When Cecil Christie left the Shetland Islands and migrated to Canoelands, approximately 60 kilometres north-west of Sydney, he would have been pleased to know his legacy would be still going strong 98 years later.
In that time, the operation has evolved from just an orchard to the tourist attraction it is today.
Cecil established Canoelands Orchard in 1923, growing citrus before his son John took over the reins in 1970.
The Christie's moved away from citrus, focusing on stonefruits to meet the demands of the consumer.
John's son Nathan and his family took over in 2012, and have transformed the operation from a market orchard to the family-friendly, pick-your-own fruit experience it is today.
Nathan's wife Jaime said they needed to change the business model to remain profitable.
"When we opened pick-your-own, we started planting new crops to encourage business throughout more of the year and provide for customers requests," she said.
"Moving from a standard production site to a public attraction and tourism style business was a massive change.
"Sending fruit to market was no longer profitable for us and in some cases was costing us money.
"We needed to keep our business afloat and therefore needed to deversify.
"We planted all the new plantings to cater to this new side of the business.
"On our 40 hectares we have 15000 fruit trees and 4000 berry bushes.
"We now produce peaches, nectarines, plums, apples, citrus, persimmon, pomegranite, tomatoes, eggplant, tamarillo, figs, strawberries and blueberries."
In the attempt to generate year-round business, Canoelands Orchard now have a fruit in season at most times.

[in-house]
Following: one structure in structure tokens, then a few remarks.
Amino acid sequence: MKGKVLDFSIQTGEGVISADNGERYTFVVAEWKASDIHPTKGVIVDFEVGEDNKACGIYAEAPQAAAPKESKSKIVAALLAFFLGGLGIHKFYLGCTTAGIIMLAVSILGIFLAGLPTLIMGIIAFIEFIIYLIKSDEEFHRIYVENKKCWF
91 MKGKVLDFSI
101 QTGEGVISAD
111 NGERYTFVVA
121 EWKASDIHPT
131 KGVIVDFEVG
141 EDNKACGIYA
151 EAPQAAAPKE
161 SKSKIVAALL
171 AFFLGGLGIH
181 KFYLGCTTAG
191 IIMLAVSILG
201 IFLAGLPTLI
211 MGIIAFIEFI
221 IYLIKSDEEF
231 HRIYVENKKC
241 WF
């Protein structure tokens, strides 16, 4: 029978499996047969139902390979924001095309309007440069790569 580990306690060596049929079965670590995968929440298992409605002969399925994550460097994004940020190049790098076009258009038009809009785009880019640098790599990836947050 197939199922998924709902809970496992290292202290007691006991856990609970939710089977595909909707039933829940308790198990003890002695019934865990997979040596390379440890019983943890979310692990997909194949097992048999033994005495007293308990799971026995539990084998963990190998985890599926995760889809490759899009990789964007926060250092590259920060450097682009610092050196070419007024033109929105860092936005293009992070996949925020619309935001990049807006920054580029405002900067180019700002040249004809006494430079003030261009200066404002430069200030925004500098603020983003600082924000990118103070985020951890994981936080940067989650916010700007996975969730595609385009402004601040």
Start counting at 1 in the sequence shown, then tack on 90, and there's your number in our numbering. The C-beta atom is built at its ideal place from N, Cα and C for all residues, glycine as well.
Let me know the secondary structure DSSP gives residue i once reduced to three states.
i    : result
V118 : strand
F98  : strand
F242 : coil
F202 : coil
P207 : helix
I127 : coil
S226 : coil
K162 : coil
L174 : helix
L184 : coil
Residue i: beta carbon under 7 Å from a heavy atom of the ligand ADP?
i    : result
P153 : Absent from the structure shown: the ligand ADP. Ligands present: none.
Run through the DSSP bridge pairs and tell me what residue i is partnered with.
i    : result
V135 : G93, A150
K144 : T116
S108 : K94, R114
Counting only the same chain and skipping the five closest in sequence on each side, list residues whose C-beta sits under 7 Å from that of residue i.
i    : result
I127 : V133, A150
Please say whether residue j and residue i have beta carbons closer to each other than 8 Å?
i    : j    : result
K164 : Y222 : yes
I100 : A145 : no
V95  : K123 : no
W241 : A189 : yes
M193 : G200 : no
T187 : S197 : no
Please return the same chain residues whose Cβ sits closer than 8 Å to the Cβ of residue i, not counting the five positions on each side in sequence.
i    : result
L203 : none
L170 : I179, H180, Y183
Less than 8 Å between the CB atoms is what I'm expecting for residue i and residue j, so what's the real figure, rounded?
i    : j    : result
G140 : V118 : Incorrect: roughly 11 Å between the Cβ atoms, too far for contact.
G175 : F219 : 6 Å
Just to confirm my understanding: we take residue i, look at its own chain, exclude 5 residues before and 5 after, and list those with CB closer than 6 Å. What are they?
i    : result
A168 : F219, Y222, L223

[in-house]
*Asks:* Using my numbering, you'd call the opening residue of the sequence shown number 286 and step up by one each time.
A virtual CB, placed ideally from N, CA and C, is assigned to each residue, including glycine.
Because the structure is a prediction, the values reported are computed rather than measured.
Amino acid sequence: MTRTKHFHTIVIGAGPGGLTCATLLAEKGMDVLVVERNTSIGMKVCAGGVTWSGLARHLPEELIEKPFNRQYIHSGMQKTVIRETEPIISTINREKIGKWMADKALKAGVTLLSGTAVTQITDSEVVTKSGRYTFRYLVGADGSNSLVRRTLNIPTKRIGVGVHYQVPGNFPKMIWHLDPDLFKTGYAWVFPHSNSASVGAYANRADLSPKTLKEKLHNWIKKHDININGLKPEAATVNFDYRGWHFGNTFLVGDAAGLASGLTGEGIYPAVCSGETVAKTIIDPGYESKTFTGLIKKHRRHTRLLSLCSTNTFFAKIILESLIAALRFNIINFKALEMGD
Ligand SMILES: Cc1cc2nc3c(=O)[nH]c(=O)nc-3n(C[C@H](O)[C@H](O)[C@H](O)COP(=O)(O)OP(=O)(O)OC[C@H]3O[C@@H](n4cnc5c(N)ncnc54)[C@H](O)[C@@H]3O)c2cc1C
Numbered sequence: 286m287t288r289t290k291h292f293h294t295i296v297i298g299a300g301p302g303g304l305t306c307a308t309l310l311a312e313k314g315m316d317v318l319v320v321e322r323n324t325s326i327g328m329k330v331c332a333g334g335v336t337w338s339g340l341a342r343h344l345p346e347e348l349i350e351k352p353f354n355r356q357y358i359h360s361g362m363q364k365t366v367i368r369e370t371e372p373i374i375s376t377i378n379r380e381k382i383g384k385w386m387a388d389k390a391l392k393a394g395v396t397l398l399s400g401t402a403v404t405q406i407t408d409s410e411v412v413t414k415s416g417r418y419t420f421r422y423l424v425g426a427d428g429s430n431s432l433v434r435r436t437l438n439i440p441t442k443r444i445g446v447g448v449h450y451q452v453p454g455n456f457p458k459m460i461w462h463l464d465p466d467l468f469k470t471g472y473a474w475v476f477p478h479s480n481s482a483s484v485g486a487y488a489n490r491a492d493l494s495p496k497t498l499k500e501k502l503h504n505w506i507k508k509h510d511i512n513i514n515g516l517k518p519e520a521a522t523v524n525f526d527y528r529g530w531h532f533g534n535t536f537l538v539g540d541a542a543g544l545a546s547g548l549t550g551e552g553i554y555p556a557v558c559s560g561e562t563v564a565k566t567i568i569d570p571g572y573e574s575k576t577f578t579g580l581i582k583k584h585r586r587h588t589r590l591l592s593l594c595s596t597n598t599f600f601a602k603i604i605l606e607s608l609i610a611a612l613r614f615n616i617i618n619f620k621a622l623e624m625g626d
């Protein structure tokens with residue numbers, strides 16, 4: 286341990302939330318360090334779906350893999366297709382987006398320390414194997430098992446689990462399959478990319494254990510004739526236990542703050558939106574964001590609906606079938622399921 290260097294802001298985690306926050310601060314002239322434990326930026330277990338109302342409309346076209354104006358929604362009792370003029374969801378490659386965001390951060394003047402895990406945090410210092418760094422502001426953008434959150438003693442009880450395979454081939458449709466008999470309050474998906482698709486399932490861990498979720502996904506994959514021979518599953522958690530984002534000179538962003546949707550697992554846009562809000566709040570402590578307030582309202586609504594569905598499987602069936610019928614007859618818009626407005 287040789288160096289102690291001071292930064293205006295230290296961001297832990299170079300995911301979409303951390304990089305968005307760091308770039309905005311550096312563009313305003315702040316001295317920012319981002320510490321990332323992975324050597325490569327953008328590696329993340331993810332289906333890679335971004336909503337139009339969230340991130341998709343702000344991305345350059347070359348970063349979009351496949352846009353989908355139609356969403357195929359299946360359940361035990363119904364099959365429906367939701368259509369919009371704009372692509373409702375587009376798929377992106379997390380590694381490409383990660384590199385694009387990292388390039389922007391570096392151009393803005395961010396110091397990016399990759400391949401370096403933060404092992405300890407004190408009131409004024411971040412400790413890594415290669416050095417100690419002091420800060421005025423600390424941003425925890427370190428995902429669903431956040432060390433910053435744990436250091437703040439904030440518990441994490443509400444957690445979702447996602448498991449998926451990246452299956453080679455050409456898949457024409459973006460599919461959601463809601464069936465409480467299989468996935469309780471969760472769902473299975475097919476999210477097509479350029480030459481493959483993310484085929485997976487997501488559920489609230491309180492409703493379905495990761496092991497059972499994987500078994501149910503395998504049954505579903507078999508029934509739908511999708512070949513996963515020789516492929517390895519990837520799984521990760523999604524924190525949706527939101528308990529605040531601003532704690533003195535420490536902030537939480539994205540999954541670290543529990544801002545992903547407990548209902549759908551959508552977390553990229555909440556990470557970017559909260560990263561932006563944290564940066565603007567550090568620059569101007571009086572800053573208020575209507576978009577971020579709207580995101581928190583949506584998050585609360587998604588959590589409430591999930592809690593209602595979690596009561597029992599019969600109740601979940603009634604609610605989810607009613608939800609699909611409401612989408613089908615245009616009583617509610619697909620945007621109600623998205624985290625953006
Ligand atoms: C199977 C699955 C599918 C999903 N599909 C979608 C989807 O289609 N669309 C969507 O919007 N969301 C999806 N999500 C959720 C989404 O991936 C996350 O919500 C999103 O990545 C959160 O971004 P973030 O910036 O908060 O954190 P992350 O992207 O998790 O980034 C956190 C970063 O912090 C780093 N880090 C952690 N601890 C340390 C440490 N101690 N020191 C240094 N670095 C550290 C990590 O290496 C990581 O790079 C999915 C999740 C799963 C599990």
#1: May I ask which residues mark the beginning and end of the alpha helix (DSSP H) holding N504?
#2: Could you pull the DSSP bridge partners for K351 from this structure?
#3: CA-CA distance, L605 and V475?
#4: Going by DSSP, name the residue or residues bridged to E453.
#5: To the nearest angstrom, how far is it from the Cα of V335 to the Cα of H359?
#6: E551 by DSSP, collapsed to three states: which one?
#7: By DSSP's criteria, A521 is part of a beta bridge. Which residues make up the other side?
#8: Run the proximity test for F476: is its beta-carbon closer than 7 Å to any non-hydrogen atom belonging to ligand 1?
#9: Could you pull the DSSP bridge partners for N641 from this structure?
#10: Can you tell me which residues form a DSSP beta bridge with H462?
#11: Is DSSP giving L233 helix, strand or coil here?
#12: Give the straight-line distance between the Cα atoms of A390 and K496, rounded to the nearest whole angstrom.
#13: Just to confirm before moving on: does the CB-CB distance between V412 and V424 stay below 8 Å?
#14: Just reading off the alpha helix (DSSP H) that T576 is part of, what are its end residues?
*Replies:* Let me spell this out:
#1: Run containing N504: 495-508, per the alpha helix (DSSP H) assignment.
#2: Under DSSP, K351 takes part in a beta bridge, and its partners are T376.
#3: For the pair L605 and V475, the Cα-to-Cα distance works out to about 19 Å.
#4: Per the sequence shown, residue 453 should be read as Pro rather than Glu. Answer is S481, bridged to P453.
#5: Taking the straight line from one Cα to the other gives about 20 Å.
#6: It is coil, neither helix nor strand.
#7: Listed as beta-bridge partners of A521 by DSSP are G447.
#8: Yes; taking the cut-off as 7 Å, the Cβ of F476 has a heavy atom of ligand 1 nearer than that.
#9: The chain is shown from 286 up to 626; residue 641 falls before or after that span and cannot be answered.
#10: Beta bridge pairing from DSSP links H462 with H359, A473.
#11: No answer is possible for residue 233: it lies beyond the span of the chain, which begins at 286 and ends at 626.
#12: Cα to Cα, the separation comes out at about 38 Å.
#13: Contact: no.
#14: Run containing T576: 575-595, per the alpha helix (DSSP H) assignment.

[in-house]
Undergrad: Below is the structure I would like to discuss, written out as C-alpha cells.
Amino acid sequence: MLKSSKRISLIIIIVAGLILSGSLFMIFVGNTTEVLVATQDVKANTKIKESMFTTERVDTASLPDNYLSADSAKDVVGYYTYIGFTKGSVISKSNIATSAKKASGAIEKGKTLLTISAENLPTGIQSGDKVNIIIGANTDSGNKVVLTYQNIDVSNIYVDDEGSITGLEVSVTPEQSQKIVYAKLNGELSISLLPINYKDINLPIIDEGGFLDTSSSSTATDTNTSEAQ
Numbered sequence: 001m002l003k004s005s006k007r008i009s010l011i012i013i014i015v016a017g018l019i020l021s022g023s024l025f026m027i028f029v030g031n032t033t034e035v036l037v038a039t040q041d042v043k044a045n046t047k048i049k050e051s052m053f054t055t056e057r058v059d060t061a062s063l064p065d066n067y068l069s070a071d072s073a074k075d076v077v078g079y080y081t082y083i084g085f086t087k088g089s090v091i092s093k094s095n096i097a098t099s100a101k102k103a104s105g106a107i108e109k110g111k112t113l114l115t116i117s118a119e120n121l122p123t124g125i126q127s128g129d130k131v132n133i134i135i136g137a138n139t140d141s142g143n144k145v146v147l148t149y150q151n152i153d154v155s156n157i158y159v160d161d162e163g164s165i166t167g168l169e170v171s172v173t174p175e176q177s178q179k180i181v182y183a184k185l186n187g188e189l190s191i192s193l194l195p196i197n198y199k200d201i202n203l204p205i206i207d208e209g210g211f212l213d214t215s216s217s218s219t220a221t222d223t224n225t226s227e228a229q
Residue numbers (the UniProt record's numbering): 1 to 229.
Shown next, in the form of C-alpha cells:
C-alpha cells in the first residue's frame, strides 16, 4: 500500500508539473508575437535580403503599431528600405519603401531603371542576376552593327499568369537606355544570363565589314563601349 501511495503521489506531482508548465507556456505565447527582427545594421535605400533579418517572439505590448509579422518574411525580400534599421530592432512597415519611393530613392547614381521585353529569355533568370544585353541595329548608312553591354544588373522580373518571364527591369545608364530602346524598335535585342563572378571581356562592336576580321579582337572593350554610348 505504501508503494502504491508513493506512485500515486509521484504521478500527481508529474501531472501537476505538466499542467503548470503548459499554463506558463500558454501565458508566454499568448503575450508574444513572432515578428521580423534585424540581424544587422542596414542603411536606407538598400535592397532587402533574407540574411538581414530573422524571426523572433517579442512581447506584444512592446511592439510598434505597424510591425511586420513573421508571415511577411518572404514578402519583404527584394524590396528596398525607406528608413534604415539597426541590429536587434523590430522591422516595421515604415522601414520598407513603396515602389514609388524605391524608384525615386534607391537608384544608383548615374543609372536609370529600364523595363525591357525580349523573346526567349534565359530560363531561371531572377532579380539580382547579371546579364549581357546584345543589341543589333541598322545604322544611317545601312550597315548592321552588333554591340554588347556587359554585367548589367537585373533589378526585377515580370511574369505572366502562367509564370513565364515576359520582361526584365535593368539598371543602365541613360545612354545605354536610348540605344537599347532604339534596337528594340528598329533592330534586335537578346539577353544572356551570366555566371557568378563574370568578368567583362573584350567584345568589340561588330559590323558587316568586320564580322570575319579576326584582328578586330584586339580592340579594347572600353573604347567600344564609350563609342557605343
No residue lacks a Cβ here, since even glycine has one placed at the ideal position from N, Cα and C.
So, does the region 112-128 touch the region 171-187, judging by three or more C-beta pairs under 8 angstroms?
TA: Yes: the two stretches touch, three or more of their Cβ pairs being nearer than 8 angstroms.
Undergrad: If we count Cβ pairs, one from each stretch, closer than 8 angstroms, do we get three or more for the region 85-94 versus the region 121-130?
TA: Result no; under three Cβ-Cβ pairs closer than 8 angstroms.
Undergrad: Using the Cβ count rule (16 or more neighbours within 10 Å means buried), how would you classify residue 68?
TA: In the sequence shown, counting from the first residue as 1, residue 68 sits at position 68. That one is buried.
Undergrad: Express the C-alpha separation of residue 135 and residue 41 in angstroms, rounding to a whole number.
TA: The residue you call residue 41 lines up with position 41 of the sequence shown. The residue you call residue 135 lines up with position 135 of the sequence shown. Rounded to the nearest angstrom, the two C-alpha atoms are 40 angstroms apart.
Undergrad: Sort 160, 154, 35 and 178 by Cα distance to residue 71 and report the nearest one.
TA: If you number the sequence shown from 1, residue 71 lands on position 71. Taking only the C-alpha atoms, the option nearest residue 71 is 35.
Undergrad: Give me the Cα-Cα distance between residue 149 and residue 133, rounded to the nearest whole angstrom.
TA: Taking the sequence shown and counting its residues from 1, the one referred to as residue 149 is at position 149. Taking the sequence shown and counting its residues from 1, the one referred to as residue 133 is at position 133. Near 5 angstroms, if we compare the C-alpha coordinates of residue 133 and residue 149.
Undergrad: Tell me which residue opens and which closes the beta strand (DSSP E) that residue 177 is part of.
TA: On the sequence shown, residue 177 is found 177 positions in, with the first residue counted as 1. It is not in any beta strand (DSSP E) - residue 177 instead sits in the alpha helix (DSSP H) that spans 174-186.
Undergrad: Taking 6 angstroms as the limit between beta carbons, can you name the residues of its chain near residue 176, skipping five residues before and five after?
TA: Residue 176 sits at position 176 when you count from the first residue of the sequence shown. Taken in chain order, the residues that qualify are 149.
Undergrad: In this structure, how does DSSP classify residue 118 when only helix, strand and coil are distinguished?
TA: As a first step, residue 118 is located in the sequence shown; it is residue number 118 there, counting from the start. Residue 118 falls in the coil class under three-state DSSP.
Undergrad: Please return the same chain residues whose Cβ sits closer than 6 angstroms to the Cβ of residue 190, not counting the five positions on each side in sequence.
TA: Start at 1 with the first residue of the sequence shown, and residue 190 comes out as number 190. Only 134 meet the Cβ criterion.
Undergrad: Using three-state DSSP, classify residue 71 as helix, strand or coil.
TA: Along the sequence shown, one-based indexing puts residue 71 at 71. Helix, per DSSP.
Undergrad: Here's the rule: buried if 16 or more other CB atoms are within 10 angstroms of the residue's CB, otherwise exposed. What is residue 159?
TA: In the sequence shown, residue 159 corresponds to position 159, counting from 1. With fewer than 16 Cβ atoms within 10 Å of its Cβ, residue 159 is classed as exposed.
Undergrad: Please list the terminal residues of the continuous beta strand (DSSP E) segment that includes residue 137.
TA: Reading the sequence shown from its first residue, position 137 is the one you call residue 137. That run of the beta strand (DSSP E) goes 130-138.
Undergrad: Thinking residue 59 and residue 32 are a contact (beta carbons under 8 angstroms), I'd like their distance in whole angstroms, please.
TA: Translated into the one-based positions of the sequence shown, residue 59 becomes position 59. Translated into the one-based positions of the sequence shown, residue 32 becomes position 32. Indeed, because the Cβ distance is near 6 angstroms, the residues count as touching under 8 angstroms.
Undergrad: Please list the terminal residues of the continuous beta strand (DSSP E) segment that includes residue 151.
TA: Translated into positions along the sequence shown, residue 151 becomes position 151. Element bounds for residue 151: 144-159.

"Peaches, nectarines and plums are in season from late October to January," Jaime said.
"In February, Apples come into season and run through to May while blueberries (October to February), and figs are also ready.
"Tomatoes and eggplant are ready to be harvested from March to July, while persimmon and tamarillo are ready in April.
"This season is our first for pomegranate and feijos and they should be ready ion April as well.
"Our citrus is ready in May and goes through to July while the best time for strawberries is from September to December."
The diversification of the orchard does not come without challenges as while the fruit trees generally need similar care, the berries require different treatment.
Stonefruit requires pruning during winter when dorment, flower thinning during spring, fruit thinning then daily harvesting.
There are also different pests and diseases to look out for.
"In stonefruit, we have flying foxes and birds that do a lot of damage," Jaime said.
"We have fruit fly and beetles to watch for and contend with brown rot in the later varieties, especially if there has been rain and heat.
"The weather and the amount of bush blossom play a massive roll in pests and disease issues."
Diversifying their income stream meant more than just a wider range of produce for Canoelands Orchard.
"We have added activities and tours," Jaime said.
"We now do school excursions, functions, parties and also host weddings.
"There is a kiosk on site, barista coffee and a real-fruit ice cream van.
"We have a range of animals to feed while you visit including horses, pigs, cows, goats, sheep and alpacas.
"We also offer bee tours for children and adults to learn about bees and honey in an onsite classroom.
"For junior schools and vacation care we offer a package that includes picking when available, a bee talk, a tractor ride, animal feeding and games.
"Seniors and probus groups love the adult version of the bee talk also.
"At first it was to see if we could establish an income all year round and because we could not survive on the income offered via sending fruit to market.
"It has now become a passion and we love sharing our beautiful part of the world with our customers."